Its good news for your ex-spouse if they remarry after reaching the age 60 (age 50 if disabled) because their remarriage will not affect their eligibility to collect on your benefits.

Also, if an ex-spouse is caring for a child (former spouse's natural or legally adopted child) under age 16 or disabled who is getting benefits on the record of the primary earner, they would not have to meet the length-of-marriage rule.

There is a maximum family benefit amount allowed so if you qualify because you have the worker's child in your care, your benefit will affect the amount of the benefits of others on the worker's record.


  • Can receive 50% of their spouses’ applicable PIA at any age
  • Benefits will not be reduced
  • Benefits can be stopped and restarted based on familial status (remarry, etc.)


If the aforementioned 10/2/60 “Divorced Spouse” requirements are met then they

  • Can receive 50% of their spouses’ applicable PIA at any age
  • Benefits will not be reduced
  • Benefits can be stopped and restarted based on familial status (remarry, etc.)


  • Can receive 50% of the parent’s/primary wage earner’s PIA


  • Can receive 50% of the parent’s/primary wage earner’s PIA

Hopefully, this information wasn’t as bad as I first made it out to be.

Sure, it’s a little complicated but, believe it or not, the Social Security website has everything broken down in easy to follow steps that make it easier for you to find answers to your questions.

Again, that website is http://www.ssa.gov/

I trust you will return tomorrow for the completion of our little journey though the Social Security system?

We will look at a quick overview of the different benefits available from the Social Security system beyond just the retirement benefits.

We have already touched on a few high points of “Survivors Benefits” as well as “Disability Benefits” in our discussions already and we will talk about “Medicare Benefits” and “Supplemental Security Income” as well.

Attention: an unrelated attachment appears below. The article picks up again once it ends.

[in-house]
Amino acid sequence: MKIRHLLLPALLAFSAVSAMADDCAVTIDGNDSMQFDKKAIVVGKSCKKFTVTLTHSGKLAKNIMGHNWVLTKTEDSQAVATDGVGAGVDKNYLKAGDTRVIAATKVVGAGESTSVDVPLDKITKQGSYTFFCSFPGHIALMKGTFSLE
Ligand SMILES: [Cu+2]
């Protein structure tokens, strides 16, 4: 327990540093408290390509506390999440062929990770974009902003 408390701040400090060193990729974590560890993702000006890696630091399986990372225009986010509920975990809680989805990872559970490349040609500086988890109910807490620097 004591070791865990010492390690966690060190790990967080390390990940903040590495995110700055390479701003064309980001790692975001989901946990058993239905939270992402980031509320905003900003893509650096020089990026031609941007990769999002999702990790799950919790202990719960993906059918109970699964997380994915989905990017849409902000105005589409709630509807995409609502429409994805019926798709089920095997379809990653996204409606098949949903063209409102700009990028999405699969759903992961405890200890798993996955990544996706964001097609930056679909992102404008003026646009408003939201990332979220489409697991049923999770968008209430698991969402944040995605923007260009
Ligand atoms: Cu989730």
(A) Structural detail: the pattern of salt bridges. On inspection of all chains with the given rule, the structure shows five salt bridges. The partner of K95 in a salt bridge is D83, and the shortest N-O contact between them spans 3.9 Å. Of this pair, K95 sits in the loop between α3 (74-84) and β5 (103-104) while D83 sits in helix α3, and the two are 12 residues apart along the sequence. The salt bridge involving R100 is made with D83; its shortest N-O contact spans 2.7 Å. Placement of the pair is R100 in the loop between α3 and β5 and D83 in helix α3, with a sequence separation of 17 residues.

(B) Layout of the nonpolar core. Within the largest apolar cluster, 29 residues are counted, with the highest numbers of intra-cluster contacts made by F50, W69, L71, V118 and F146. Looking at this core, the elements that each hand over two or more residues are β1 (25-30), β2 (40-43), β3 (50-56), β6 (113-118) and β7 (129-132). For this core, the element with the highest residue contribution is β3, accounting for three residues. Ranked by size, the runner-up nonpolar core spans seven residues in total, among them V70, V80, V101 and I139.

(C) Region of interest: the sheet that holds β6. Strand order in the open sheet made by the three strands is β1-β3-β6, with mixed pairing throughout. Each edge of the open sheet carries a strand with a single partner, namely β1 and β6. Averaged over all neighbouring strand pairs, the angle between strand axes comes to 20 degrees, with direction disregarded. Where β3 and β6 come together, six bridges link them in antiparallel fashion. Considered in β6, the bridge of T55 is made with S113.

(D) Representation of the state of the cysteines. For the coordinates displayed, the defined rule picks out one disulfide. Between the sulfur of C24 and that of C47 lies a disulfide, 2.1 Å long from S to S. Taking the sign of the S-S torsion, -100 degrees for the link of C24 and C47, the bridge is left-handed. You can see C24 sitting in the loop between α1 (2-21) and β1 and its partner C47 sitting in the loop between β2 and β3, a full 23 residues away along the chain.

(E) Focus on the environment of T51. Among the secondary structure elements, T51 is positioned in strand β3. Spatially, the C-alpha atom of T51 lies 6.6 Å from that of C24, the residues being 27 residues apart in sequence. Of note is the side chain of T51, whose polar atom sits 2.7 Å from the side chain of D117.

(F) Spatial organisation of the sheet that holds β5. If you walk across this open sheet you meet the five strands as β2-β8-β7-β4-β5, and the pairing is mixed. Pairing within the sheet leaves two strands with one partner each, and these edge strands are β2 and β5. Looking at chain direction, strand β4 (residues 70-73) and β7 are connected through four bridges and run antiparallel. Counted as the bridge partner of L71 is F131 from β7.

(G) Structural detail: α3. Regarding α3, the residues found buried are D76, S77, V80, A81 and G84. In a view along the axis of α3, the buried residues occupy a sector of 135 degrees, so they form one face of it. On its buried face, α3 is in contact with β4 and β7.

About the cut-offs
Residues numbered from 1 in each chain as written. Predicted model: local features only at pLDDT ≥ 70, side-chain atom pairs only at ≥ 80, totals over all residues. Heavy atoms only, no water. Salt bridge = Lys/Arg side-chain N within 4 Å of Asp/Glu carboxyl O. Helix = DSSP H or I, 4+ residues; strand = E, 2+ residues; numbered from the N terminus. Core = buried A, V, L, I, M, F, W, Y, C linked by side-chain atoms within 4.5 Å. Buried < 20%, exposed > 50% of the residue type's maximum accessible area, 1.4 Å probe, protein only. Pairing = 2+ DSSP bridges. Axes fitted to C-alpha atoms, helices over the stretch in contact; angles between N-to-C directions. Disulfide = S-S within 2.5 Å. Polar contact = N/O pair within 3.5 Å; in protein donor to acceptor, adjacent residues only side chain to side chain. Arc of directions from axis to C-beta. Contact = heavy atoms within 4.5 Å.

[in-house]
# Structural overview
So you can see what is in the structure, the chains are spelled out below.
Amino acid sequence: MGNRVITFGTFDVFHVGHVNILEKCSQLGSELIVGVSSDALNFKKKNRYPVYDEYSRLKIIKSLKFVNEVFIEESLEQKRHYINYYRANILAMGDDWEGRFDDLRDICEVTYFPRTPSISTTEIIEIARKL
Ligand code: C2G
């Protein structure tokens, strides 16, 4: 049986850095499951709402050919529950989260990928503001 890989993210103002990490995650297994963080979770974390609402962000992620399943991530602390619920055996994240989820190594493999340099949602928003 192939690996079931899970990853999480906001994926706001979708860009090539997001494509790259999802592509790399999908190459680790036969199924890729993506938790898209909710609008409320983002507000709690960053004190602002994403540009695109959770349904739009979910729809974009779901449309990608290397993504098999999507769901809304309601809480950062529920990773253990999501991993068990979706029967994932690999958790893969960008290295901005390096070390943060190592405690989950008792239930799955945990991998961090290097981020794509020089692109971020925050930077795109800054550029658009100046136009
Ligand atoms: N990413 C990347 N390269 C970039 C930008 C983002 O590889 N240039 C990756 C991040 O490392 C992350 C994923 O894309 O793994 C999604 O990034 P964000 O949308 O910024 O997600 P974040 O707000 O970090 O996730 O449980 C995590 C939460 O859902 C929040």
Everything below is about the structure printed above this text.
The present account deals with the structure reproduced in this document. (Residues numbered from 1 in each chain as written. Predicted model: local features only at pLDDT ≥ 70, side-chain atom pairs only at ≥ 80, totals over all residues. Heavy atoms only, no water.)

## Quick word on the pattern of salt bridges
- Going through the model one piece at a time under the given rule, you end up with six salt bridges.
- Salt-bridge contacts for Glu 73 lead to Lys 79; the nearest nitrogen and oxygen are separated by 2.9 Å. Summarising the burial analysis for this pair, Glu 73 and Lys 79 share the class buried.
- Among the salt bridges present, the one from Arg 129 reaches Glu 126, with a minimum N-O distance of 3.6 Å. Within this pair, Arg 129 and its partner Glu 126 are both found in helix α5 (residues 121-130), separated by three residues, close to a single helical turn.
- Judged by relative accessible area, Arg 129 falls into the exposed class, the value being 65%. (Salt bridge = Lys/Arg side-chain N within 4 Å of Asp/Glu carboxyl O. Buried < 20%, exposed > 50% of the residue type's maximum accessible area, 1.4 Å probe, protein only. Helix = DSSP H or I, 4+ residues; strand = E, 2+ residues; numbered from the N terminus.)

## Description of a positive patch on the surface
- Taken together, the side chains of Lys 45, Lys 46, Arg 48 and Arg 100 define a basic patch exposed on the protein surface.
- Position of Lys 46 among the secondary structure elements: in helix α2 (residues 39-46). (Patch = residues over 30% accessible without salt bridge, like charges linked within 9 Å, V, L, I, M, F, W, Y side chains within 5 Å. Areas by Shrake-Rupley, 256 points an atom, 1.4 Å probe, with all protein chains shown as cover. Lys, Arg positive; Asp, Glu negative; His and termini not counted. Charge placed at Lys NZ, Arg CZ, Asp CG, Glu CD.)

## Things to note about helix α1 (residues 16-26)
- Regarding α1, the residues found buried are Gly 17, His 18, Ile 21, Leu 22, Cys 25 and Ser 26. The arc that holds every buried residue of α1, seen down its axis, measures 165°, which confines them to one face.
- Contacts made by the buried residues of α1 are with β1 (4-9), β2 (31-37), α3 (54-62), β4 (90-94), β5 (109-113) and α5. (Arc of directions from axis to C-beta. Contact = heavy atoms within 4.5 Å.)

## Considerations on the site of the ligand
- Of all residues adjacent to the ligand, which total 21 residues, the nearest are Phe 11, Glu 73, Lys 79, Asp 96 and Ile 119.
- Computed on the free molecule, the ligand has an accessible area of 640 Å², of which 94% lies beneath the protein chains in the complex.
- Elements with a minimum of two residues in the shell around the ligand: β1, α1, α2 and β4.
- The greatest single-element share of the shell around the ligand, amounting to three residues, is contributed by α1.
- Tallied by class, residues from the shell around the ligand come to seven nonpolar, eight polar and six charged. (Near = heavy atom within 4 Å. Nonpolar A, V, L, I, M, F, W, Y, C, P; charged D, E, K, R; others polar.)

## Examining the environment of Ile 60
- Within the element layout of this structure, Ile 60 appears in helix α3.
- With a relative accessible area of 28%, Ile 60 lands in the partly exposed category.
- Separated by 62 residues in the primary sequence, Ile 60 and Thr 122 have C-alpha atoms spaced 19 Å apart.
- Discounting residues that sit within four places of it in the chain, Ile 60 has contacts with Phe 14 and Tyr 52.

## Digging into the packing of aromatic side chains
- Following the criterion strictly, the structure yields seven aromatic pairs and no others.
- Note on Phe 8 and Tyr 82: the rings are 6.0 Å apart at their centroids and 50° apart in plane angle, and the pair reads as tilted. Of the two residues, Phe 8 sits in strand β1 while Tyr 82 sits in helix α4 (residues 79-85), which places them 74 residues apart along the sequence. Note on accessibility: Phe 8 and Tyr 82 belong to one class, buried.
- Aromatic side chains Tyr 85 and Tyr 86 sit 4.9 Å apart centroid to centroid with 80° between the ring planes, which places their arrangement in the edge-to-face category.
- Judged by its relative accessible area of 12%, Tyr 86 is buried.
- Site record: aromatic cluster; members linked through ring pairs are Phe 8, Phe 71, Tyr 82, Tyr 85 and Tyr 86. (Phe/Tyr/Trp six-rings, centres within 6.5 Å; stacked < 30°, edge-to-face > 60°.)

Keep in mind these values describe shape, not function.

If you found today’s blog helpful, interesting or even funny I bet your friends would to. 

It's easy to tell them about it.

Forward it on to them or just email them my blog link at www.survive55.com.

The more Baby Boomers we can help, the better place we make this world !!!

Thanks for joining me..........................................................

Today, Baby Boomers we start to dig into the meat and potatoes of the Social Security system.

Here are a few definitions, requirements and handy tips you should know before we begin. 

Remember, contribution rates, applications and benefits have varied over the years since the Social Security Administration first came on line in 1935. 

The following information is the most current I can offer based on the 2014 requirements.

Program Purpose:  The retirement benefits of the Social Security System are an insurance meant to supplement the savings, investments and other sources of income in the retirement years of wage earning citizens.

Eligibility:  All U.S. citizens are eligible for Social Security based on their earnings history.  

As we discussed yesterday, credits are earned by paying the FICA tax.  

In 2014, you earn 1 credit for every $1,200 in earnings up to 4 in a year and 40 in 10 years.  

This is officially known as your “Primary Insurance Account” or "PIA.  

Self-employed individuals and military personnel earn credits the same way as standard employees do. 

Insured Status:  “Fully Insured Status” means you have earned the needed amount of credits (40 in 10 years) to receive full available insurance benefits based on your age at application.  

“Currently Insured Status” means you have restrictive coverage and minimum benefits under the program having attained at least 6 credits in a period of 3 years and 3 months ending with death, disability or retirement.

Employees contribute 6.2% and employers 6.2% of your earnings to FICA.  

If you are self-employed then you contribute the entire 12.4%. 

Contribution Base:  Capped at $117,000 in 2014.

Benefit Amount:  Based on your monthly average of your highest earning 35 years of employment.

Application:  Up to 3 months prior to benefit eligibility month

Payment: Made by direct deposit, debit card or electronic transfer account.

The official website is: http://www.ssa.gov/

Once you create an account (if you haven’t already) you can find out how much your eligible benefits are.

There is also a retirement estimator tool found at: 


Most of us baby boomers are interested in the Retirement Benefits that paying into the Social Security System has afforded us.

But, if you remember yesterday’s discussion, I pointed out that there are actually 5 different benefit programs now processed through the SSA.

These are:

  • Retirement Benefits
  • Disability Benefits
  • Survivor’s Benefits
  • Medicare Benefits
  • Supplemental Security Income